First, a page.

I don't have any direct answers for the OP, but I DO have some thoughts on the subject with relation to these comments:
4WL is important to me. We had a freak snow last year that piled up 10" in about 3 hours. There was a black WK that did not have 4 wheel low but was more like an AWD/All time system. He couldn't go anywhere (about 4 inches of snow), and ended up sliding into a ditch. In order for the all time system to kick in, he had to be spinning already and couldn't get a bit of traction. I ended up pulling him out.
Maybe it was a fluke, but 4WD Low made my day a lot better that night.
Down in this corner of PA we USUALLY get a couple of blizzards per year.
Honestly, I can't imagine the snow in VA is any worse (Hurley), but maybe the OP is getting some lake effect stuff so it is more often?
For about 2 decades now I've owned predominantly AWD and/or 4WD vehicles, usually (but not always) with snow tires. Not because I NEEDED THEM (99% of the people around here drive cars with all seasons and that's it, but even then I've had friends with RWD cars and snow tires, or AWD and all seasons etc. who typically have no real problems).
And honestly, during that time I (or someone in the family, usually my wife, has had a FWD car too).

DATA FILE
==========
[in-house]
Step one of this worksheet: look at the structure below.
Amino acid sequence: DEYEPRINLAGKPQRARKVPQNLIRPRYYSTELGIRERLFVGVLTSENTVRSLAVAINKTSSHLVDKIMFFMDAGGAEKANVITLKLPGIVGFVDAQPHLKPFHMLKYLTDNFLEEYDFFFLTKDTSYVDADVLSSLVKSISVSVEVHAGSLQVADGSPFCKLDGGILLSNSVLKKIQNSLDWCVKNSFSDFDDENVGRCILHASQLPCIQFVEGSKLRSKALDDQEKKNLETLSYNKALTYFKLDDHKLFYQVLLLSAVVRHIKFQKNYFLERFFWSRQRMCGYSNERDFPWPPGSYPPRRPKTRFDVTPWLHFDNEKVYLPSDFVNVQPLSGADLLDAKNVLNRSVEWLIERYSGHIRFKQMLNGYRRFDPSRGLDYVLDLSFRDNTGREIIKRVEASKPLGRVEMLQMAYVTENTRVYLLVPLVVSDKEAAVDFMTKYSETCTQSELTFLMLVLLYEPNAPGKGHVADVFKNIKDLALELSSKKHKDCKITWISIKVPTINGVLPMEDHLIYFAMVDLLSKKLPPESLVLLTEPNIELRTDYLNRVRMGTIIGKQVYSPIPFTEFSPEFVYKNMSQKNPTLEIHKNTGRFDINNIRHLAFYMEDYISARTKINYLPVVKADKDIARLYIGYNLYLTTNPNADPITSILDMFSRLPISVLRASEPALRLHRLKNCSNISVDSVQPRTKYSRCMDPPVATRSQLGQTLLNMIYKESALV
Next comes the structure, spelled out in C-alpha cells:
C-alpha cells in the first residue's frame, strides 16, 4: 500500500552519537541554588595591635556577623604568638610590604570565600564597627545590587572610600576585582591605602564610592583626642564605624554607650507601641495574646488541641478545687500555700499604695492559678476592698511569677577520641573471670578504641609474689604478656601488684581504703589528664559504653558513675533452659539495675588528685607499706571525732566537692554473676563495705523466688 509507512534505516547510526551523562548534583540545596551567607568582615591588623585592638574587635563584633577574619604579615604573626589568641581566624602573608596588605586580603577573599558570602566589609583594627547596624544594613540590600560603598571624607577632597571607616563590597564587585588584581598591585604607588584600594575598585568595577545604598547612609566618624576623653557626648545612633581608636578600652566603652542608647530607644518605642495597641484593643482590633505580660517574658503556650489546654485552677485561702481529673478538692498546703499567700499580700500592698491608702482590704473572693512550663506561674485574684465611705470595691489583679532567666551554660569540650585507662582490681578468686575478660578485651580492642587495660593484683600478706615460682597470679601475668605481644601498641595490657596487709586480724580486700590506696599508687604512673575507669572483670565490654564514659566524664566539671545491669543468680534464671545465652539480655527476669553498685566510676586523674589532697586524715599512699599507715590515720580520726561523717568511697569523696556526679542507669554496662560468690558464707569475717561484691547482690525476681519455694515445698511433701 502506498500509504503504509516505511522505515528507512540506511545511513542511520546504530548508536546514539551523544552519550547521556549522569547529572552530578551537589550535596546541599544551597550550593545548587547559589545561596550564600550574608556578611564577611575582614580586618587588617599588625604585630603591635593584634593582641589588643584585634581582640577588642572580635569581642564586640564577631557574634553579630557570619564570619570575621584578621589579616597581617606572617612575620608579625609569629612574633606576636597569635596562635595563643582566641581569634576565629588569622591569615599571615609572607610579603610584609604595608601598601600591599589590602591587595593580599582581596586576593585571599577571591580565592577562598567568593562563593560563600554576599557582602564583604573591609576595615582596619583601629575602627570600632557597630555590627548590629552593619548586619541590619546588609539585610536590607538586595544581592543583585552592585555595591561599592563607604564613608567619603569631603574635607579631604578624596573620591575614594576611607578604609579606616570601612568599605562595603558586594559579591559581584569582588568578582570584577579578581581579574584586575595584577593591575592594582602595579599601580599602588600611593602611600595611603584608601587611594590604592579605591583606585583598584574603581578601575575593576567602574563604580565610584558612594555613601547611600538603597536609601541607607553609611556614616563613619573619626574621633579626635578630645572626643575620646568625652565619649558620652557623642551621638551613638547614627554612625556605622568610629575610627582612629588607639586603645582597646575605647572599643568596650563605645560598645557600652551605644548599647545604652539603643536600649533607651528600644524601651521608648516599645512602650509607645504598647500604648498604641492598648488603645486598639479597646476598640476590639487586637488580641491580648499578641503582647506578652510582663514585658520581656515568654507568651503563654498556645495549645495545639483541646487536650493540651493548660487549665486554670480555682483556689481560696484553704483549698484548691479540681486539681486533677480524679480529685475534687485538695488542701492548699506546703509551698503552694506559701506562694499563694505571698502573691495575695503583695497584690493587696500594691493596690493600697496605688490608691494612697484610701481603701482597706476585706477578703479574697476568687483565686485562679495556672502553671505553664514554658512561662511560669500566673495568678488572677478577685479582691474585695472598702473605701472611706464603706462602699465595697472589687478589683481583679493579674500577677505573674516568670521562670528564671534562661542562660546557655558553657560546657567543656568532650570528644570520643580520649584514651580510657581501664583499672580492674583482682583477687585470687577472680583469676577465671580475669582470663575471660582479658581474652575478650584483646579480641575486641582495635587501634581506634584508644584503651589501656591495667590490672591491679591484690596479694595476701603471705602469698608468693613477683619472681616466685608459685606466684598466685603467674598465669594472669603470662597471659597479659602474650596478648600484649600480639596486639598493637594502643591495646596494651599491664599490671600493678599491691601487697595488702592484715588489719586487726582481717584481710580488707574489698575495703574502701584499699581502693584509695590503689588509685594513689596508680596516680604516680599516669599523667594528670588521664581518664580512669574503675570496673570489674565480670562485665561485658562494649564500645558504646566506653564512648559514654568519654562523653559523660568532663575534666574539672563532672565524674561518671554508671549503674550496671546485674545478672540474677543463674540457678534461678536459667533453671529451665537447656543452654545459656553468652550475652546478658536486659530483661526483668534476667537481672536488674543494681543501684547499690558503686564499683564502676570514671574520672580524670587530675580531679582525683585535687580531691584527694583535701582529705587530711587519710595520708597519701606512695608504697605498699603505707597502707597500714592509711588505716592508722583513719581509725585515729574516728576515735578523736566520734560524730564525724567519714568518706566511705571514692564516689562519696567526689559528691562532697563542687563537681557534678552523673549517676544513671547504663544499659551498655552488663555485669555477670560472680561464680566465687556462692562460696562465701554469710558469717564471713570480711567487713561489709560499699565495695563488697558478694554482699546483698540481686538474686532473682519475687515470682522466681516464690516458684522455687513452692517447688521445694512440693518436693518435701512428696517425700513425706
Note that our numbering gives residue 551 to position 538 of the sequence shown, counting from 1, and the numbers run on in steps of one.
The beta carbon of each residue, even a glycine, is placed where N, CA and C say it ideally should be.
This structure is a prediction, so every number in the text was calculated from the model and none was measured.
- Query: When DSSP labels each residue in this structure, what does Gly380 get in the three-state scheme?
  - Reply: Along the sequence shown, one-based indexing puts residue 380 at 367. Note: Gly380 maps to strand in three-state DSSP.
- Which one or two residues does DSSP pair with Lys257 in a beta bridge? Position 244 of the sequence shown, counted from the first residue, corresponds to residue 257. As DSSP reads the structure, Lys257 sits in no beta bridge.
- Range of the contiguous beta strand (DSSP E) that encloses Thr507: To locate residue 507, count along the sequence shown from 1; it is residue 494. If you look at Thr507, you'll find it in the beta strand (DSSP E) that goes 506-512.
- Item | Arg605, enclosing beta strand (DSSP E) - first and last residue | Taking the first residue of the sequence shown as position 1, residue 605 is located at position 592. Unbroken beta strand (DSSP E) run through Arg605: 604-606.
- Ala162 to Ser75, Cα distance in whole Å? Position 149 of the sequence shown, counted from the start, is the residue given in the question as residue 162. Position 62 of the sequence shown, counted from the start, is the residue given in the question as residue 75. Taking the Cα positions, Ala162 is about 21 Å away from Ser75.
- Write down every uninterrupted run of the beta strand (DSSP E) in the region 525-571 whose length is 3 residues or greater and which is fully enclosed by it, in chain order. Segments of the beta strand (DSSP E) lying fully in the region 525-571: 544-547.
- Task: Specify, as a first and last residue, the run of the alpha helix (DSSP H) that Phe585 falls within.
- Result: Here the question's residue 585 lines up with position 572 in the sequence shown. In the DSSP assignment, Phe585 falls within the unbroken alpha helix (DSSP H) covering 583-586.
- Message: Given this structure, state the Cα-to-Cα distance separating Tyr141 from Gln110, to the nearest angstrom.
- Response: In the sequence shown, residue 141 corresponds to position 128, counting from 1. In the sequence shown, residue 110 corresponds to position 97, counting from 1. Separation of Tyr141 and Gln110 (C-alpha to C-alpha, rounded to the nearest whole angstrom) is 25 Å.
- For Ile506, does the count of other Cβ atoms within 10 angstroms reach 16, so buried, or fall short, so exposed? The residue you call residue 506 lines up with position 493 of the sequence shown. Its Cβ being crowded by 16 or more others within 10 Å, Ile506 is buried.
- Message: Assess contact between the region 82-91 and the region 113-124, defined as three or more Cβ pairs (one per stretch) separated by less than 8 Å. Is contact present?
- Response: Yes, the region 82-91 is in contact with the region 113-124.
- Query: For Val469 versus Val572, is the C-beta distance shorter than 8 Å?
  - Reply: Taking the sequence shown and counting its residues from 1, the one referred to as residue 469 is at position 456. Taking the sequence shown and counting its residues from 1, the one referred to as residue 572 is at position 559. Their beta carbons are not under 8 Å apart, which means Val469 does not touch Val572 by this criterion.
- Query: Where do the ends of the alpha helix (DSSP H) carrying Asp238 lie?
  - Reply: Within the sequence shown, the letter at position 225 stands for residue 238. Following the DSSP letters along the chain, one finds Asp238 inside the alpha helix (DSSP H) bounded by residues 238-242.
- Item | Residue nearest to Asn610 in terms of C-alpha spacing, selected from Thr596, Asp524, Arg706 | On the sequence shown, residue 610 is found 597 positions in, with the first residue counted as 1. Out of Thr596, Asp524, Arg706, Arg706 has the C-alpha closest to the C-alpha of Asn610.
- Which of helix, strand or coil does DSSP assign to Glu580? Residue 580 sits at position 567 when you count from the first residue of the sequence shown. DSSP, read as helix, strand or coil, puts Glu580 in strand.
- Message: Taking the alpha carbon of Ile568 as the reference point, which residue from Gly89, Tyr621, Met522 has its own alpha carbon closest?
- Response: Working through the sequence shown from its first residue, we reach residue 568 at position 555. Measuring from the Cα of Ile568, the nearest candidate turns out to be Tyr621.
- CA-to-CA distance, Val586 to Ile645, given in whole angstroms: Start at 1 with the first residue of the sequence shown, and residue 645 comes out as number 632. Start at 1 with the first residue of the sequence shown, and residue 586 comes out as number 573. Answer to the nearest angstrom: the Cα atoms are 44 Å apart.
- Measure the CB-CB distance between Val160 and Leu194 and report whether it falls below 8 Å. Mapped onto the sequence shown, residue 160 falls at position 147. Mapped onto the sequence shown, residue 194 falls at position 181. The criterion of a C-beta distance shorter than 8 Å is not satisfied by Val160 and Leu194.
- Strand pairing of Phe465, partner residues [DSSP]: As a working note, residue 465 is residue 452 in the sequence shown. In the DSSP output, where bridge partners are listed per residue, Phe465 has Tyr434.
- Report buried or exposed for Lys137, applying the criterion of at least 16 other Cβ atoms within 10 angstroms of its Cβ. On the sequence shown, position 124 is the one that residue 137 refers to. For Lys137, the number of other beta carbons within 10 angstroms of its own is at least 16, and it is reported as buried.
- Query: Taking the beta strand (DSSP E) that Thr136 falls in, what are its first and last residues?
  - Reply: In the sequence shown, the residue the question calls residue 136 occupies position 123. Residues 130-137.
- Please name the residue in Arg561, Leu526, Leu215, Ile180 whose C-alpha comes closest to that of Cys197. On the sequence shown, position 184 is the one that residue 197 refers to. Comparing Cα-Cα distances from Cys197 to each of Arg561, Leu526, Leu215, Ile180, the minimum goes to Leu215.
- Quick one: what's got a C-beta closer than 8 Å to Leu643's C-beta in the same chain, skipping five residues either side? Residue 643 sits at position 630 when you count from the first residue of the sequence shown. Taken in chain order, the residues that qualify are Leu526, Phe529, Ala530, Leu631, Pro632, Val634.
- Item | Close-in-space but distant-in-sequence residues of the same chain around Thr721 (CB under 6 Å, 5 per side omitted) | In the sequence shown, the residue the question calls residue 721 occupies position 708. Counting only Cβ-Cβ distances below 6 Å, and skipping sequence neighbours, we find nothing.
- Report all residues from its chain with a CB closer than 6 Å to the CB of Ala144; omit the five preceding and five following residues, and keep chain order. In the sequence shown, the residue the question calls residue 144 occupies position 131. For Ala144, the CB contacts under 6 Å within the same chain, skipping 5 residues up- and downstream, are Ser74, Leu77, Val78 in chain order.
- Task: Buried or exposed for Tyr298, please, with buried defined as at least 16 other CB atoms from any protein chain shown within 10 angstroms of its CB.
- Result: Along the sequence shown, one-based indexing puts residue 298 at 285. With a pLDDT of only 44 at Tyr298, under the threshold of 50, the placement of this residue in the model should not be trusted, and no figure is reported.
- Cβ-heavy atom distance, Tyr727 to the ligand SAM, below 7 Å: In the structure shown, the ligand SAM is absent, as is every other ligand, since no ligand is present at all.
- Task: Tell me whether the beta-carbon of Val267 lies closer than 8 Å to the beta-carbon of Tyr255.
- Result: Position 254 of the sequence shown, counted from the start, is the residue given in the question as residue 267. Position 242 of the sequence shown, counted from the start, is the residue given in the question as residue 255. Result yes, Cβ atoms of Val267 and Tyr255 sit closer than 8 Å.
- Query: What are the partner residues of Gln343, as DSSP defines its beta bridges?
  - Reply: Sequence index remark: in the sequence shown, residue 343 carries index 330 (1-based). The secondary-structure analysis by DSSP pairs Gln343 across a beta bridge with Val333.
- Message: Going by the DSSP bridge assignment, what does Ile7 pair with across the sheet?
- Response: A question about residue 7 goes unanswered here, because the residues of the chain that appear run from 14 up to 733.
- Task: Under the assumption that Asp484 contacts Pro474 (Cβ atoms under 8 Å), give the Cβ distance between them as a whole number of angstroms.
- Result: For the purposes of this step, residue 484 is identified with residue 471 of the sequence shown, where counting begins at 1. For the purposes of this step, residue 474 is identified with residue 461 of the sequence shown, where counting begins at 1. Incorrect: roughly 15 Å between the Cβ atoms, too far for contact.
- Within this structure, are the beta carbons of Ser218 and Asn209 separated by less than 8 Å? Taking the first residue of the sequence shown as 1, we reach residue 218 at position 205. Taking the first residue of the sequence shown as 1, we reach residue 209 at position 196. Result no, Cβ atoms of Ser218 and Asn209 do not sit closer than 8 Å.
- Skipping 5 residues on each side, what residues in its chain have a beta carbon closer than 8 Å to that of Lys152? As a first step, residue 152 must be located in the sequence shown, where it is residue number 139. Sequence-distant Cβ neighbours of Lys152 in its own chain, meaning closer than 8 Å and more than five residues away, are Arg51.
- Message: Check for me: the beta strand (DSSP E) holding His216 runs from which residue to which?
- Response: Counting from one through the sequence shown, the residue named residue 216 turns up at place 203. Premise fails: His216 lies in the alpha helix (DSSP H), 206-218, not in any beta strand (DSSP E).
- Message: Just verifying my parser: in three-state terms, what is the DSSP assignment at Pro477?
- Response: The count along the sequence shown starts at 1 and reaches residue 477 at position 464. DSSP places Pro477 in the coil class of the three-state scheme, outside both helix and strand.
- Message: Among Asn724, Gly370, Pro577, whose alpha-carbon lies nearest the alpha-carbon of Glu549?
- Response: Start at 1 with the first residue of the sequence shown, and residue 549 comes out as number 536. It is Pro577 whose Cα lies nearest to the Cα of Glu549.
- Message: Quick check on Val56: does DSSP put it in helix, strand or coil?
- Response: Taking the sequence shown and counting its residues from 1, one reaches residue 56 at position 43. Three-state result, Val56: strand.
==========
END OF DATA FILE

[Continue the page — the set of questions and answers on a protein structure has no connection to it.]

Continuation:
I've HAVE NEVER
, not even once
4Low because of snow.
Hell, I drove a Subaru Baja (with snow tires) over 100 miles in a blizzard a few years ago with OVER 1 foot of unplowed snow ON THE PA TURNPIKE (you don't even want to know about the 30 miles of backroads I had to take after I got off the tpke). But it made it no problems.
I found the proliferation of TPMS to be the straw that broke the camel's back for me and I stopped buying snow tires with wheel packages for my cars. It's just no longer worth the effort for limited benefit.
As such I still like AWD because it helps to divide the load among the available traction and make up for the all-seasons.
SO unless you are driving in the peak of a blizzard, have tons of unplowed roads to travel, or need to cross an entire field of ice you probably don't NEED
snow tires (as long as you're smart, know your limits, and realize you have no braking advantage without them). And I REALLY REALLY think you don't NEED
Now the SRT offers a couple of challenges - specifically LOTS of hp and HARDER/WIDER tires which means you would have to watch it. Keep traction control on etc.
Cold Case already gave the best answer - and I suspect it will really depend on how much and how aggressively you want to drive in the rough stuff. If you're careful I SUSPECT you'll generally be fine.
IF you can find winter tires and wheels that fit on the SRT, I suspect you'll be grinning like a Cheshire Cat.